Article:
Why There’s No Car Care CrisisCommentary by John R. Graham
September 11, 2015
Source: Real Clear Policy
Our health care is in "crisis." We seem to have achieved the remarkable result of spending too much money while not ensuring access for enough people. Every politician says so, and most citizens agree. Indeed, no presidential candidate can be viewed as credible without proposing a health reform "plan."
Hillary Clinton has sworn to protect and uphold the Affordable Care Act against all right-wing conspirators; Bernie Sanders has long advocated a government-monopoly, single-payer system; and Republican contenders will continue to roll out plans to "repeal and replace Obamacare" that will immediately come under attack by conservatives and libertarians as "Obamacare-lite."
Let's put the crisis in perspective. According to actuaries at the federal government, spending on health care per person in 2014 was $9,176. Yet according to the American Automobile Association (AAA), the average cost of operating and maintaining an average sedan in 2014 was $8,876 — almost exactly the same as health spending. Of course, not everyone owns a car, but most of us do. According to IHS Automotive, an industry research firm, 253 million cars traveled America's roads last year. According to the Census Bureau, there were 239 million of us aged 18 through 84; that's slightly more than one car per person in prime driving years.
There are more similarities between health care and car ownership than you might think. We can go for many years with predictable spending on both cars and medical care until — out of the blue — something terrible happens. For that reason, we value insurance for both.
But there's a key difference as well. Car insurance, while not a trivial expense, is a relatively small share of the total cost of owning a car. According to the AAA, the average premium was $1,023, just under 12 percent of the total cost of ownership. Even excluding depreciation, insurance is just one-fifth of the total cost. In other words, we'"" do not expect auto insurers to pay claims for most of the cost of operating and maintaining a car.'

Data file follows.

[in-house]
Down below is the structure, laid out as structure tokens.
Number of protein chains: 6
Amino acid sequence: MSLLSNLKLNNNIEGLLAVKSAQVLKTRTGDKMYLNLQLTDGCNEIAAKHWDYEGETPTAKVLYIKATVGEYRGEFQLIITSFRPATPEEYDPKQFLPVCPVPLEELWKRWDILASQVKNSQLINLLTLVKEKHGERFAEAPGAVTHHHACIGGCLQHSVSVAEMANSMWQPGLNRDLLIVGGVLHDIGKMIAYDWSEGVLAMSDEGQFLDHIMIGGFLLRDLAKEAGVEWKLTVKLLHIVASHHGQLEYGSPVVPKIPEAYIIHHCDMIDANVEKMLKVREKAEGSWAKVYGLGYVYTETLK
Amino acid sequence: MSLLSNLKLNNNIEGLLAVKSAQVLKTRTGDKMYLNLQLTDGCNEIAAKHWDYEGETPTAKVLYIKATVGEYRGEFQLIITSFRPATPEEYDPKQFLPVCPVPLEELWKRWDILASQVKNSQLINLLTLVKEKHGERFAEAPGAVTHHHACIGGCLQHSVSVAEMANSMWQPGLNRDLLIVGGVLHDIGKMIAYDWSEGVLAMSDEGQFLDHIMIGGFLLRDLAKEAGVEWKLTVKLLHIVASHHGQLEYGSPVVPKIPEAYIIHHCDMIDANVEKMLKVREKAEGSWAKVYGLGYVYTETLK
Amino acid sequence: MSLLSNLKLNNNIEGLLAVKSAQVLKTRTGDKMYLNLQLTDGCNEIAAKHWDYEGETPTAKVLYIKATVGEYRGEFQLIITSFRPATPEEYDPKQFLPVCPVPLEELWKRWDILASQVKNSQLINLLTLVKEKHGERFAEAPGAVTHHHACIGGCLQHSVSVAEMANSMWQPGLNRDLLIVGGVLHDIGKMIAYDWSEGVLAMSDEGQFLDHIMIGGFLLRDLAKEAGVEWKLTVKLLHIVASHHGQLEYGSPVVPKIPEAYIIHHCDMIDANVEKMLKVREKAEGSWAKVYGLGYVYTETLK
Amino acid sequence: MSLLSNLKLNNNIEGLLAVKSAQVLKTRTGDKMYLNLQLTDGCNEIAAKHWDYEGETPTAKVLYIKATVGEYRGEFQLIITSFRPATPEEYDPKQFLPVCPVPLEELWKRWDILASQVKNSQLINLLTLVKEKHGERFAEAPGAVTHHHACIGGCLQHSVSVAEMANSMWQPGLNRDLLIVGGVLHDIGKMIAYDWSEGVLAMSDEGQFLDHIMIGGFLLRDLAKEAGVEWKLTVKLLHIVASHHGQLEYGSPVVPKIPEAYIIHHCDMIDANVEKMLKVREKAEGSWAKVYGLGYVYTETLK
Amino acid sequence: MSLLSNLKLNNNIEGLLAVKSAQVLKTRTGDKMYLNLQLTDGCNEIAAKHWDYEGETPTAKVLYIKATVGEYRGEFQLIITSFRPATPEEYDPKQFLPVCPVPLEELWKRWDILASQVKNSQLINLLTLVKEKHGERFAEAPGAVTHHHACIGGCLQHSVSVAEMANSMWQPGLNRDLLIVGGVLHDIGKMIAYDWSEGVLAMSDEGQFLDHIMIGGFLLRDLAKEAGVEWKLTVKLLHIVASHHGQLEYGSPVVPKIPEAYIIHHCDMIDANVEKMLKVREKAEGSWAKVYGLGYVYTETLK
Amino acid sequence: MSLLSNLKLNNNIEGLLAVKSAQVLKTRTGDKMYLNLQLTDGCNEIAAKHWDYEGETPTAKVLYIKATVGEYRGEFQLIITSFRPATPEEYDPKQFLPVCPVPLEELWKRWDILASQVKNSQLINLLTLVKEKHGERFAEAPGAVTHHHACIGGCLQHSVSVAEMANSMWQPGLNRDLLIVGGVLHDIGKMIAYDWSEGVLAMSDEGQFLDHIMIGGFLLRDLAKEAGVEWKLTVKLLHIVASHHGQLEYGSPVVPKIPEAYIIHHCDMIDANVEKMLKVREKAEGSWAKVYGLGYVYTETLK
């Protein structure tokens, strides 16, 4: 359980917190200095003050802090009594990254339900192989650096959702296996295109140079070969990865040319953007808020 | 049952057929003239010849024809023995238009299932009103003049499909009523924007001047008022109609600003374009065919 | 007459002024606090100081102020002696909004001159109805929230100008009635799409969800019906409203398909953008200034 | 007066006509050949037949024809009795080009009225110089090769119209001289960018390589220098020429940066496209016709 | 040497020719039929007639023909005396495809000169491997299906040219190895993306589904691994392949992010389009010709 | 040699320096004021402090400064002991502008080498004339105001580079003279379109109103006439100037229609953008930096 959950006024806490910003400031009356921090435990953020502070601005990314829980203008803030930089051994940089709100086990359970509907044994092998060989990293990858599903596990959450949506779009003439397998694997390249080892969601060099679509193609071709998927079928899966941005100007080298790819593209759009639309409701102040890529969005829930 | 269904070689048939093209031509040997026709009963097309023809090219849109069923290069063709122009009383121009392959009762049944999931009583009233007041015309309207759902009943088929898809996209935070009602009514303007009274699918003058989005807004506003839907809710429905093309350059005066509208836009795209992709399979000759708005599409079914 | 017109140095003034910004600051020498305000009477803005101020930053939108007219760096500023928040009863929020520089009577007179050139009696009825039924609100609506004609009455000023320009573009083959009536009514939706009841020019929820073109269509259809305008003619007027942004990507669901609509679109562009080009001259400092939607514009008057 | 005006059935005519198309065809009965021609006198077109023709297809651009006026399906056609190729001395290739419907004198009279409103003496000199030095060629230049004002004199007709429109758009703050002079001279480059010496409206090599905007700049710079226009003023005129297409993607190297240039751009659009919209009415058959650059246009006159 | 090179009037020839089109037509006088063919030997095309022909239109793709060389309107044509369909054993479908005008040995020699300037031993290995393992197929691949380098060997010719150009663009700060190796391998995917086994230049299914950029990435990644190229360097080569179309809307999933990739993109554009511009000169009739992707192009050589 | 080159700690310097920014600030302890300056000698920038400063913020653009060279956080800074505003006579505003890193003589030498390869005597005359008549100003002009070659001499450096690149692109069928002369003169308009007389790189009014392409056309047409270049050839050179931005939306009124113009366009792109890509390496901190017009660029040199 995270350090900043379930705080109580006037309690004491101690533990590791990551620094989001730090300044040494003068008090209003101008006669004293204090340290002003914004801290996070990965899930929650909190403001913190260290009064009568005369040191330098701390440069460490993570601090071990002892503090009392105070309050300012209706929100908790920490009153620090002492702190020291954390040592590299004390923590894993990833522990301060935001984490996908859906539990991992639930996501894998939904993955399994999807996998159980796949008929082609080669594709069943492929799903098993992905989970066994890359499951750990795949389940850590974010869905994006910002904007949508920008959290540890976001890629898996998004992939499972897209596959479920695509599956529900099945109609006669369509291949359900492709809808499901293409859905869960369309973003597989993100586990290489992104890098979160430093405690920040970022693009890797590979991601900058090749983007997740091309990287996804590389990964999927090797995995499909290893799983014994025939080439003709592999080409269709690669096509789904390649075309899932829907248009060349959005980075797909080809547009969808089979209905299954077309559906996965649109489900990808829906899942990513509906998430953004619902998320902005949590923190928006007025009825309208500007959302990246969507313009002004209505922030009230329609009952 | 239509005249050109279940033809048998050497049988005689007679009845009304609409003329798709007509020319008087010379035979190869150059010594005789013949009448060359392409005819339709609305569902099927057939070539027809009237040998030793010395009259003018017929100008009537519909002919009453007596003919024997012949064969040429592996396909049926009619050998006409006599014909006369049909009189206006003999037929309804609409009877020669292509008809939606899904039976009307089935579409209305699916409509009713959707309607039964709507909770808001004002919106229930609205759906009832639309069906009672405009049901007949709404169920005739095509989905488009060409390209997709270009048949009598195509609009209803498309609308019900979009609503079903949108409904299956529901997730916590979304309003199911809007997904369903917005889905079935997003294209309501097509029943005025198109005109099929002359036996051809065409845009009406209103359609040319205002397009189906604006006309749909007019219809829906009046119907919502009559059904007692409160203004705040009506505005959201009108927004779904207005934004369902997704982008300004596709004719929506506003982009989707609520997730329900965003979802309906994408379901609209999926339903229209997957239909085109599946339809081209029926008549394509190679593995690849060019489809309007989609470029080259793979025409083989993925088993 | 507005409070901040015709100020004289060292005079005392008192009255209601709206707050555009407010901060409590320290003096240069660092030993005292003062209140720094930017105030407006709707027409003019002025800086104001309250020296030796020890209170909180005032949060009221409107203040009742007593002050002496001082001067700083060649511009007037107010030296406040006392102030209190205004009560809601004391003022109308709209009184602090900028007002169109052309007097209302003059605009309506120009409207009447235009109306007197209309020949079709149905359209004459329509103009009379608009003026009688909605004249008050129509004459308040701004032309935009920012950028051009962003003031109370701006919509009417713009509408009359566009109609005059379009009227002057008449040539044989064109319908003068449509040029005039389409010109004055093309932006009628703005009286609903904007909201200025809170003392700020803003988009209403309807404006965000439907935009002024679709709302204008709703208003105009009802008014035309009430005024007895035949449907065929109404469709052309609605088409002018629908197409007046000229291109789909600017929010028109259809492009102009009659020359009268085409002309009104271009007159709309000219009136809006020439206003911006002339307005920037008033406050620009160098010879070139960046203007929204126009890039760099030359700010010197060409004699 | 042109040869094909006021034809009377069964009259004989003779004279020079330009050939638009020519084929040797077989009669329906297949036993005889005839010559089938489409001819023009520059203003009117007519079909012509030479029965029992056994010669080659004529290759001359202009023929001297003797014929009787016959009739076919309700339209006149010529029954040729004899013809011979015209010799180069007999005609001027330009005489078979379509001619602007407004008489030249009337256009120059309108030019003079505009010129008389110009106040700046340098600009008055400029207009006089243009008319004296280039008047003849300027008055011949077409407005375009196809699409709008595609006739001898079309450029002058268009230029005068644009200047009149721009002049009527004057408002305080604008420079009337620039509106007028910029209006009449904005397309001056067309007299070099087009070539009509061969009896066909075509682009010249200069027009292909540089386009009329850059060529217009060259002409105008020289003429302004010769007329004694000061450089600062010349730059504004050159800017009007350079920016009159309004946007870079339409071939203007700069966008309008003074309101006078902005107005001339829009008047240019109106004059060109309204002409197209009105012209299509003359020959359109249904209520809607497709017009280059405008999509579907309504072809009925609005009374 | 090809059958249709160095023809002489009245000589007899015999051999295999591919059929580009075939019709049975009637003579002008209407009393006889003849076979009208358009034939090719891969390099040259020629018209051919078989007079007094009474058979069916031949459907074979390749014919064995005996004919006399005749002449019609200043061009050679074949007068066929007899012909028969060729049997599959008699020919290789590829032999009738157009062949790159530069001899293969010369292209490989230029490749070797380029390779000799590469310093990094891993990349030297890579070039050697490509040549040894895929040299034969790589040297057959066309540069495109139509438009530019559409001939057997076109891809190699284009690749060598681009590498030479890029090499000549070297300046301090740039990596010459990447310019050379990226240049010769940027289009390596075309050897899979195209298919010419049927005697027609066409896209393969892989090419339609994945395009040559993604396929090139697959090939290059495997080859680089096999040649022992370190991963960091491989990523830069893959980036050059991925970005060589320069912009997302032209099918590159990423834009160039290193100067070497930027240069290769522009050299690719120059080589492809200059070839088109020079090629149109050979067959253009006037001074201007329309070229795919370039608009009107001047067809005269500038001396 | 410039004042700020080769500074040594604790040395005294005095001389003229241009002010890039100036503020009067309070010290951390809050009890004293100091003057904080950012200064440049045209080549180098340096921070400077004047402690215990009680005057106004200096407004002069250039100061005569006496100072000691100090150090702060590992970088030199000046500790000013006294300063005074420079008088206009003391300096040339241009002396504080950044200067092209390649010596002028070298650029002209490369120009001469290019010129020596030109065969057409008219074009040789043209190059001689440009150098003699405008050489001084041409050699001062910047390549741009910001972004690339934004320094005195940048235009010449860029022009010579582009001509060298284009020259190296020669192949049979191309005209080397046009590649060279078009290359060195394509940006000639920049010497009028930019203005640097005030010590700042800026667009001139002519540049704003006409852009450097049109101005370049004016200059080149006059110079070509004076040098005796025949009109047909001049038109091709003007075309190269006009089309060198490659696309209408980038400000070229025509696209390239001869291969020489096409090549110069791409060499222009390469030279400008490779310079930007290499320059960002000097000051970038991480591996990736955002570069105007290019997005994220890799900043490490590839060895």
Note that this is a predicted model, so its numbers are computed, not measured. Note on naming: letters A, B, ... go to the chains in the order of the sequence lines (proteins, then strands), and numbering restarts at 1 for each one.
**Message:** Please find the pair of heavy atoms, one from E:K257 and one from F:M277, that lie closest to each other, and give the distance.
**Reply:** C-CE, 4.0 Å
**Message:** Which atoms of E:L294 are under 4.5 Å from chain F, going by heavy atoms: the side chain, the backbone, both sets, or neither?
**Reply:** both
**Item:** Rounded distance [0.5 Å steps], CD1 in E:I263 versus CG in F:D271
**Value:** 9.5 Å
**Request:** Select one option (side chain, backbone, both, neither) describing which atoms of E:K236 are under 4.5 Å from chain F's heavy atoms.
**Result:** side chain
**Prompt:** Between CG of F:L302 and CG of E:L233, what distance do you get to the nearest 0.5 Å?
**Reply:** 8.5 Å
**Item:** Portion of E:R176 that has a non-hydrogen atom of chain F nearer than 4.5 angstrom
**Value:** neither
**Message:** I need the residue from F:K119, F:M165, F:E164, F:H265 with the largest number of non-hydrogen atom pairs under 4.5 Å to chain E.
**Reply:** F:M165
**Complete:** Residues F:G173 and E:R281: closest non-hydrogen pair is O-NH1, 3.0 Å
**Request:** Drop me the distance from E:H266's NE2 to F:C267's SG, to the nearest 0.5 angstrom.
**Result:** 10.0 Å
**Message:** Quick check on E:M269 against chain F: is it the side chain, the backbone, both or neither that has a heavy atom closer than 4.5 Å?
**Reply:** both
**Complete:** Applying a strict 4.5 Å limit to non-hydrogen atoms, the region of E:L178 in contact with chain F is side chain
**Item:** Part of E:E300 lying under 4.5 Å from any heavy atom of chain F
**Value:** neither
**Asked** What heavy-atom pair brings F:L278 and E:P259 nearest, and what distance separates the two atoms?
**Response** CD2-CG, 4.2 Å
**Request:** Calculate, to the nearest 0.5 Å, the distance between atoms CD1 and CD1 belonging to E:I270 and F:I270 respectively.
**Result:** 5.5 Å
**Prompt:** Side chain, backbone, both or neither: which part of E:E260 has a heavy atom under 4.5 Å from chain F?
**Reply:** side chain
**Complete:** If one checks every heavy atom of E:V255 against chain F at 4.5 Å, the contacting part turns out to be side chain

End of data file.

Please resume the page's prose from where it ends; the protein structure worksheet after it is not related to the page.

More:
Health care is completely the opposite. Of that $9,176 per person, only $1,082 was directly out-of-pocket as opposed to third-party payments. And much of the political culture insists that even that is too much. The Commonwealth Fund, a respected policy research group, insists that households spending 10 percent or more of their income out-of-pocket on health care are "underinsured."
Insurance adds administrative costs and bureaucratic interference. Historically, much of the cost has been disguised by our employers' paying most of the premium — something they do because the government encourages it through tax breaks. Left to our own devices, we would never buy coverage for every single medical expense. The status quo leads to ever-increasing government control to ensure that our dollars go to insurers instead of doctors directly.
This is satirized in a six-minute YouTube video produced by the Independent Institute, in which a young woman, Alexis, falls in love with "Gov," a charming young man who has only her best interests at heart —really. Before you know it, he has forced her to buy overly expensive health insurance, which requires her to become dependent on "Gov" for a subsidy so she can afford it. Her access to health care gets more confusing and constrained, and ends with "Gov" forcing her into a diet of undressed green salad in the vain hope that this will eliminate her need to use the byzantine health system with which he has confounded her.
Obamacare was a significant tightening of "Gov"'s grip, but it won't be the last as long as we accept that insurance should control access to health care.
John R. Graham is a senior fellow at Independent Institute and a senior fellow at the National Center for Policy Analysis.